One of the nice things about Drupal is the low barrier to entry: anyone can download it, install it & have a basic site up and running in a few minutes. Unfortunately, once the initial setup is complete, people often don’t bother to look at anything else other than what they need to start adding content to their sites.

When the site gets “hacked” or overrun by spam bots, they up frustrated and either blame Drupal & move on to something else or end up seeking out (and paying for) professional help to clean up something that they could have easily prevented. Below are a couple simple, common sense measures that anyone can take to avoid some common pitfalls.

Figure out who really needs an account

If only a couple people will be adding or changing things on the site, then they are probably the only ones who should have accounts on the site. In that case, you should disable user registration and add the accounts manually (or at least set it to require admin approval for registrations).

If there is a need for members of the general public to have accounts, you will need to prevent automated registrations. Requiring email validation is a good start and should always be enabled if you are letting people register but it is not effective on it’s own. To help prevent automated registrations, you should install a module such as CAPTCHA, Mollom, or Are You a Human (that last one is our favorite here at Commercial Progression).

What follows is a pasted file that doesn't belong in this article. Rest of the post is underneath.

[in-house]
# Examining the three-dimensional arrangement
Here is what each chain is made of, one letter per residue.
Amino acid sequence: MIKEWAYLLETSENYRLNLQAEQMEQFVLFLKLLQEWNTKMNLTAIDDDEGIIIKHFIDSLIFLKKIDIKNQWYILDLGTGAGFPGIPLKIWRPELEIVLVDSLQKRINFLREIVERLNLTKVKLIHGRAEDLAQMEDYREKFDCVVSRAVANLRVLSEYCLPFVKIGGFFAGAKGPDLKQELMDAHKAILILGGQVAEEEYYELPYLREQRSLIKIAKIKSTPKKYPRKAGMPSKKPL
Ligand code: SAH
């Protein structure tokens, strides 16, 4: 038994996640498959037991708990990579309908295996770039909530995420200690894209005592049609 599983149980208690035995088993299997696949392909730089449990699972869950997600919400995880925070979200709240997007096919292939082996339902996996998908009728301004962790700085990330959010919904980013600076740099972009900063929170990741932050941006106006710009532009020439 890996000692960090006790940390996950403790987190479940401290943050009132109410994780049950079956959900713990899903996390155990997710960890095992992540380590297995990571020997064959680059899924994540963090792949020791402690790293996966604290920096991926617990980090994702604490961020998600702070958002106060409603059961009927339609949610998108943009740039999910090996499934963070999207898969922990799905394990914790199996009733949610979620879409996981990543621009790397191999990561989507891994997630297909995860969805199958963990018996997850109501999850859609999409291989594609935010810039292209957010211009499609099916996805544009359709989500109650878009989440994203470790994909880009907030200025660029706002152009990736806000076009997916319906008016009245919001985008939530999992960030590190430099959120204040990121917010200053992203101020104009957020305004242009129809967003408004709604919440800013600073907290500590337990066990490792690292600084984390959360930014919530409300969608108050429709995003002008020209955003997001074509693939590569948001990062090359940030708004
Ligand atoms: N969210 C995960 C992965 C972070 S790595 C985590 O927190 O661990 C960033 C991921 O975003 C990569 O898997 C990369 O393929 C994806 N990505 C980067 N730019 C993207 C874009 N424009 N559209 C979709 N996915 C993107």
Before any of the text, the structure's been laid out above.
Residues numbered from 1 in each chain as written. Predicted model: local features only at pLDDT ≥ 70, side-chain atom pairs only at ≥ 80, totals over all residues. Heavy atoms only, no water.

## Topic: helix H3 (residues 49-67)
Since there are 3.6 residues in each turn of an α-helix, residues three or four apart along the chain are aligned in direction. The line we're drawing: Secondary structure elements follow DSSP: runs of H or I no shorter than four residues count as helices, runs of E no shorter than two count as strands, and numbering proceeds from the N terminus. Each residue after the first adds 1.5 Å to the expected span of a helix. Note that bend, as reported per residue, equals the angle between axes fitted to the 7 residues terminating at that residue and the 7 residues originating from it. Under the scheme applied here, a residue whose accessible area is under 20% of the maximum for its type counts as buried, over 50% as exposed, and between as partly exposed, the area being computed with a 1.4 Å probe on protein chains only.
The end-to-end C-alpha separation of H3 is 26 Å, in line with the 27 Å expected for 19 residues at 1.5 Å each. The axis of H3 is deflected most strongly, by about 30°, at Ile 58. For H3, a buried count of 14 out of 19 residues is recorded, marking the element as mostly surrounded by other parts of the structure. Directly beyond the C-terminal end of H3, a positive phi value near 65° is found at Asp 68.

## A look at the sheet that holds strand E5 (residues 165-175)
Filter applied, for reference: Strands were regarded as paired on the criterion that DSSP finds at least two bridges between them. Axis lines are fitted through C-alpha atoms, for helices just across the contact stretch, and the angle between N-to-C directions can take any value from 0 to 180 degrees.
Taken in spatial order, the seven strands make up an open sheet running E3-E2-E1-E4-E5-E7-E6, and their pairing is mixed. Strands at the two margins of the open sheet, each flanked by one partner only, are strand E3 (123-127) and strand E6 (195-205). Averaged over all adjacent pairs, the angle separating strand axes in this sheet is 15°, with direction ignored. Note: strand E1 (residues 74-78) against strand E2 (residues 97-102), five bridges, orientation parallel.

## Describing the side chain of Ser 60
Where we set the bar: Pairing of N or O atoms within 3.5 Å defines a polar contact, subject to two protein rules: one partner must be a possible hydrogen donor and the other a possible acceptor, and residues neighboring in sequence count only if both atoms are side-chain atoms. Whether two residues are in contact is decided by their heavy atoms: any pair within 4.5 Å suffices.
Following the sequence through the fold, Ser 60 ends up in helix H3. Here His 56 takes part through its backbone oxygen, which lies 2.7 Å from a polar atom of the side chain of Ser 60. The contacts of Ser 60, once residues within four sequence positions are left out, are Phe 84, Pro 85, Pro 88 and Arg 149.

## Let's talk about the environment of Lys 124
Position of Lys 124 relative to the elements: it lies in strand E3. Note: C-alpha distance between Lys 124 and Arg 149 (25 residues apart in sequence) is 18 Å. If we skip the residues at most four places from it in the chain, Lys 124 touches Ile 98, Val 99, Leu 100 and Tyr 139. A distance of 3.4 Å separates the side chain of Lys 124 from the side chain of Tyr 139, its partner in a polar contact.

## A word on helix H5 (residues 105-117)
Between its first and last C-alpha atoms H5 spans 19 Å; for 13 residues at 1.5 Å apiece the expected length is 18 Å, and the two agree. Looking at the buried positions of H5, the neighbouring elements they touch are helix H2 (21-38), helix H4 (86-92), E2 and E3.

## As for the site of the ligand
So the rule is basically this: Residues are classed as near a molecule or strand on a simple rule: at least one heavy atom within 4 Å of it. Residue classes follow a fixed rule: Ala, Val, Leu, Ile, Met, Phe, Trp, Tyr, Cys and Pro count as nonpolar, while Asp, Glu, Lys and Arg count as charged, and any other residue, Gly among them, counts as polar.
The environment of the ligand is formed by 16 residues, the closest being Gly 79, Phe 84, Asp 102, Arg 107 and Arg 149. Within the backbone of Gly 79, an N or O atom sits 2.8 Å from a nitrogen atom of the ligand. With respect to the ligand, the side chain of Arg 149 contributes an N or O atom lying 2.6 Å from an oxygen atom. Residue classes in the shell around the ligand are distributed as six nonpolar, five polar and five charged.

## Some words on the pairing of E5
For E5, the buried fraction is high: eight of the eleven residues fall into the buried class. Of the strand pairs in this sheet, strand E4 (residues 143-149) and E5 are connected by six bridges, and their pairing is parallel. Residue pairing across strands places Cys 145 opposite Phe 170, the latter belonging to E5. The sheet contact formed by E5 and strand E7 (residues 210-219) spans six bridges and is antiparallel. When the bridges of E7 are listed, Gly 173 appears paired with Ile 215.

Check your permissions

This is an important step that is often neglected. Think about who will be using your site and what they will be doing. Especially on simple sites that aren’t using custom roles, people often leave the default permissions. Unfortunately, these defaults may not make sense for the situation. Here are a few general guidelines to consider:

  1. Anonymous users typically don’t need to do anything besides view the site.

  2. Think carefully about the special “Authenticated User” role. If you aren’t restricting registration, adding permissions will grant them to anyone who registers. Even if you are restricting registrations, it’s still a good idea to create a separate role with any special permissions and explicitly assign it.

Seriously? That’s it?

First, this is not meant to be a comprehensive guide. It’s meant to address a few easily avoided issues. Some more experienced people may also think that nobody would make these mistakes and that most of what is presented here is common sense. I don’t deny the common sense part, just look at the title of this post. As for nobody making these mistakes, everything mentioned here is based on something that I have seen at some point.